"Unhealthy Gut" Healing Secrets That Really Work
It's no secret that our gut plays a vital role in our overall health and is linked to our immune system and brain, which has a direct negative impact on our general well-being if we don't have a healthy gut. "A healthy gut is foundational to the health of the entire body because it is where 70-80% of our immune system resides. The microbes in the gut also play critical roles in regulating our metabolism, mood, and mental health, and, of course, digestion," Dr. Sunjya K. Schweig, MD, an expert in complex chronic illnesses with California Center for Functional Medicine tells Eat This, Not That! Health. Harvard Health stated, "The brain has a direct effect on the stomach and intestines. For example, the very thought of eating can release the stomach's juices before food gets there. This connection goes both ways. A troubled intestine can send signals to the brain, just as a troubled brain can send signals to the gut. Therefore, a person's stomach or intestinal distress can be the cause or the product of anxiety, stress, or depression. That's because the brain and the gastrointestinal (GI) system are intimately connected." Having an unhealthy gut doesn't just cause digestive issues, but other health concerns like thyroid issues, rheumatoid arthritis, multiple sclerosis, and type 1 diabetes. ETNT! Health spoke with Dr. Shomir Banarjee, a board-certified physician with Paloma Health who explained how to help heal unhealthy gut signs to watch out for. Read on—and to ensure your health and the health of others, don't miss these Sure Signs You've Already Had COVID.
What's an Unhealthy Gut?
Dr. Banarjee tells us, "An unhealthy gut is one that has an overabundance of bad bacteria. Surprisingly, there are more organisms in the human digestive tract than cells in the entire body. The human gut is home to trillions of bacteria and fungi that help us digest food and also support other body processes. A healthy gut is made of mostly good bacteria that help us break down food and work together with our immune system to prevent pathogens from entering our bloodstream. When harmful bacteria are allowed to proliferate in the gut (which often occurs due to poor diet or exposure to pathogens from our food), the healthy bacteria get wiped out."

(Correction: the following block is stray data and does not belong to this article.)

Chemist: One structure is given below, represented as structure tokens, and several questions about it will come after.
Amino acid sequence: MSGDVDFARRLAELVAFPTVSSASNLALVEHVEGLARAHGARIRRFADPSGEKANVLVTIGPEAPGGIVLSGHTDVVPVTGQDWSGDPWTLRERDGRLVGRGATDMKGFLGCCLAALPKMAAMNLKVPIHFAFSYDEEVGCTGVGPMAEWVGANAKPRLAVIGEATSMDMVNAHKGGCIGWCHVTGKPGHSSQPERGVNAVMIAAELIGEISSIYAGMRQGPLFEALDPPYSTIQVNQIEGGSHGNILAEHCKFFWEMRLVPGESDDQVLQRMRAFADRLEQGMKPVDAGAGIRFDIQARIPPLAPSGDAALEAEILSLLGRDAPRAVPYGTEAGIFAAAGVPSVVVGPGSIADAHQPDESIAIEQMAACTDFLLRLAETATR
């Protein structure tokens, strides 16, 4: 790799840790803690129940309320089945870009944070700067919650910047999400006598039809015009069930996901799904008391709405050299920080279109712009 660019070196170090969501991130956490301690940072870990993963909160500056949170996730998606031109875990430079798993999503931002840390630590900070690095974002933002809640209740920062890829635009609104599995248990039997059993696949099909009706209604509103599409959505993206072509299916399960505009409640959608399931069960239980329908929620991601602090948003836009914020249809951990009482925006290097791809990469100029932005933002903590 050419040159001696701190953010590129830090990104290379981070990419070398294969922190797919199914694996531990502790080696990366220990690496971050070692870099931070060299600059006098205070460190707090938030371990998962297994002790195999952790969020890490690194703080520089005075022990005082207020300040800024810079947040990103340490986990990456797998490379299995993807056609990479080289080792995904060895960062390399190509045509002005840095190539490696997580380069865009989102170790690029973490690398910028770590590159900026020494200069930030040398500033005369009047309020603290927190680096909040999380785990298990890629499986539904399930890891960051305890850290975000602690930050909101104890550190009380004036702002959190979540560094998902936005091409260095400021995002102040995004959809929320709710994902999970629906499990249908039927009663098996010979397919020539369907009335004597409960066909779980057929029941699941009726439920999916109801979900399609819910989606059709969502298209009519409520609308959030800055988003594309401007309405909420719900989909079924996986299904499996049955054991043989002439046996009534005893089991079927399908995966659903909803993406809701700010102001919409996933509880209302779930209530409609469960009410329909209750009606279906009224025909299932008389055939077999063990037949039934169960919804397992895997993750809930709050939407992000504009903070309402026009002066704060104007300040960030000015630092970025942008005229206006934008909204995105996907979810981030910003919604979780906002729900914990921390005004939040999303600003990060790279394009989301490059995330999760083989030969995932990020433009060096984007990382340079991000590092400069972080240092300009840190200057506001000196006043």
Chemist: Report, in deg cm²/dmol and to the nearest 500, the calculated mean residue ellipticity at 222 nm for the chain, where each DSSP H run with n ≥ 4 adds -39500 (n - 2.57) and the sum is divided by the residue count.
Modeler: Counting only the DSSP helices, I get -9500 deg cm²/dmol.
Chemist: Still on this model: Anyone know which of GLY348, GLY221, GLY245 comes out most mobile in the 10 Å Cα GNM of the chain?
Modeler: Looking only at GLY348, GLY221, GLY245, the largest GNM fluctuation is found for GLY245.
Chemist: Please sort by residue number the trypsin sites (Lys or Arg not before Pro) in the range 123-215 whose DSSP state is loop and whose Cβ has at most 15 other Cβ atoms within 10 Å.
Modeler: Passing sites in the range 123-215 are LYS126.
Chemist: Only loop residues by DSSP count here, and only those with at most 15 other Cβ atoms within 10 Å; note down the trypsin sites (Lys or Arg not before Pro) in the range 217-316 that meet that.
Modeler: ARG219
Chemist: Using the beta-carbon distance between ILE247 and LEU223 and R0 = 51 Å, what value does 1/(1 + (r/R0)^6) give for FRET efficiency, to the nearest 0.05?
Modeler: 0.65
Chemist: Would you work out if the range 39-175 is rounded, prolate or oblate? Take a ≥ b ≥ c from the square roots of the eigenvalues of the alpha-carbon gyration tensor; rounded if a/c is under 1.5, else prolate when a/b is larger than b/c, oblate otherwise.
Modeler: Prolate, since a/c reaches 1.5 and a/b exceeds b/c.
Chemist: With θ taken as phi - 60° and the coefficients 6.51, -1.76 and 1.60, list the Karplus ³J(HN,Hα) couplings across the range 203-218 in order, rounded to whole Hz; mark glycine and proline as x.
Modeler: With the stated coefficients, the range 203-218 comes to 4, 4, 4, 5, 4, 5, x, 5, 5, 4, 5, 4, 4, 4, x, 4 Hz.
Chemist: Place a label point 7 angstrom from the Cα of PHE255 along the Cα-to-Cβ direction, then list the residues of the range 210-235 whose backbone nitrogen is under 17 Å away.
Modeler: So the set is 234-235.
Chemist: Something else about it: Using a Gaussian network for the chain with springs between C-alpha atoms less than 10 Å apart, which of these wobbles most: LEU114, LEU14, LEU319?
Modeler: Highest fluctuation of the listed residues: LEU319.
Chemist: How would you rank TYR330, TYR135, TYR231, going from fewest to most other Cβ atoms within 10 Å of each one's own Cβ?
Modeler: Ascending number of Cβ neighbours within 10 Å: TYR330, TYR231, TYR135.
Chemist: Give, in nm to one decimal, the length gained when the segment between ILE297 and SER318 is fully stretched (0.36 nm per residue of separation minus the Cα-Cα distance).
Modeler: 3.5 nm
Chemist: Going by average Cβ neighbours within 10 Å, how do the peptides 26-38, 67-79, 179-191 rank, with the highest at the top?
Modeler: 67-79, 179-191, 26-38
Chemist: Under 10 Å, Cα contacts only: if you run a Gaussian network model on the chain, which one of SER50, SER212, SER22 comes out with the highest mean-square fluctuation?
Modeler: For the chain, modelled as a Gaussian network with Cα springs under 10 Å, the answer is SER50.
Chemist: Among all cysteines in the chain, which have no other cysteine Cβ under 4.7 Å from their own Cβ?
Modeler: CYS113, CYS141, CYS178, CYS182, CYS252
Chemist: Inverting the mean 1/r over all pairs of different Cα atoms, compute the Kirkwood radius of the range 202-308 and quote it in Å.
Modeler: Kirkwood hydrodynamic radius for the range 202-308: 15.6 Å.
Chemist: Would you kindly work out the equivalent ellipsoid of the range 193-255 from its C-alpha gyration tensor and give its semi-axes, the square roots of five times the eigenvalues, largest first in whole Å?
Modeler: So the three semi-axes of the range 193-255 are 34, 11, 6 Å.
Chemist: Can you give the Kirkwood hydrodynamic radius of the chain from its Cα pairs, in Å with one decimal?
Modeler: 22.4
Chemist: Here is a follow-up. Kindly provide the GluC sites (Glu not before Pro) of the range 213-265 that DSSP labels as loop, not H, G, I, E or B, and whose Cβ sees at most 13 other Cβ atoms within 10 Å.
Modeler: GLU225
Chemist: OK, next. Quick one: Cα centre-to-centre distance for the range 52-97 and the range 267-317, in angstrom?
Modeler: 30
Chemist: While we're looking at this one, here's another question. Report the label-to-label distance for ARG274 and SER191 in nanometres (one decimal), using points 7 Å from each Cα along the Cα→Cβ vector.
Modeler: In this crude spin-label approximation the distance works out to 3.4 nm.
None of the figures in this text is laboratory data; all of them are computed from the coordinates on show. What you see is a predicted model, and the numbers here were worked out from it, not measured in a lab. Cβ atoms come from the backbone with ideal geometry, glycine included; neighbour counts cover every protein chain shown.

Signs of an Unhealthy Gut
Dr. Banarjee says, "Our digestive health is really reflective in every body system. As a consequence, there are so many different ways our bodies tell us that we have an unhealthy gut. Everything from fatigue, depression or low mood, skin problems, sore muscles and joints, and even the presence of autoimmune conditions – can all be signs that something is not well within the gut. Of course, there are also gut-specific symptoms that are usually the most telling signs of an unhealthy gut. For example, frequent abdominal cramping, bloating, irregular bowel movements, and gas can all be signs that your gut flora is out of balance."
Who is at Risk for an Unhealthy Gut?
According to Dr. Banarjee, "Anyone may be at risk of an unhealthy gut, but it is certainly more common in people who make poor dietary choices, and also those with certain health conditions that affect the digestive system. For example, people who have conditions that affect gut motility like IBS may be at greater risk for an over proliferation of harmful gut bacteria."
Change Your Diet
"Eating wholesome foods that are nutrient-dense is essential for fueling your body, and your gut flora," says Dr. Banarjee. "One of the best ways we can feed the good bacteria in our guts is by eating a diet rich in fiber. Our bodies cannot actually break down fiber, so we rely on bacteria to do that for us. Fiber is essential to help move digestive contents along, thereby preventing frustrating complications like constipation. Fiber consumption is dose-response related to longevity."
Drink Plenty of Water
Dr. Banarjee reminds us, "In our society that loves flavored and caffeinated drinks, many of us do not get enough plain water every day. Indeed, we often get too much sugar through flavored beverages, which in turn fuels unhealthy organisms. Water is vital because it not only hydrates our tissues but also helps lubricate our intestines so that we can move stools along without restriction or discomfort."
Reduce Your Stress
Dr. Banarjee states, "Stress takes a toll on the whole body, and our stress levels are certainly reflective of our digestive health. Many people notice they have more gut problems when they are stressed, such as abdominal cramping, diarrhea, and bloating. Cortisol, the stress hormone, can affect how our digestive systems work. So, when cortisol levels are higher, it can throw off our digestive function. Additionally, when we are stressed, we often don't make the best food choices, which can certainly disrupt a healthy gut flora as well. You can also reduce oxidative stress by not eating too much sugar, starch, animal products, (not including fish), and fried foods."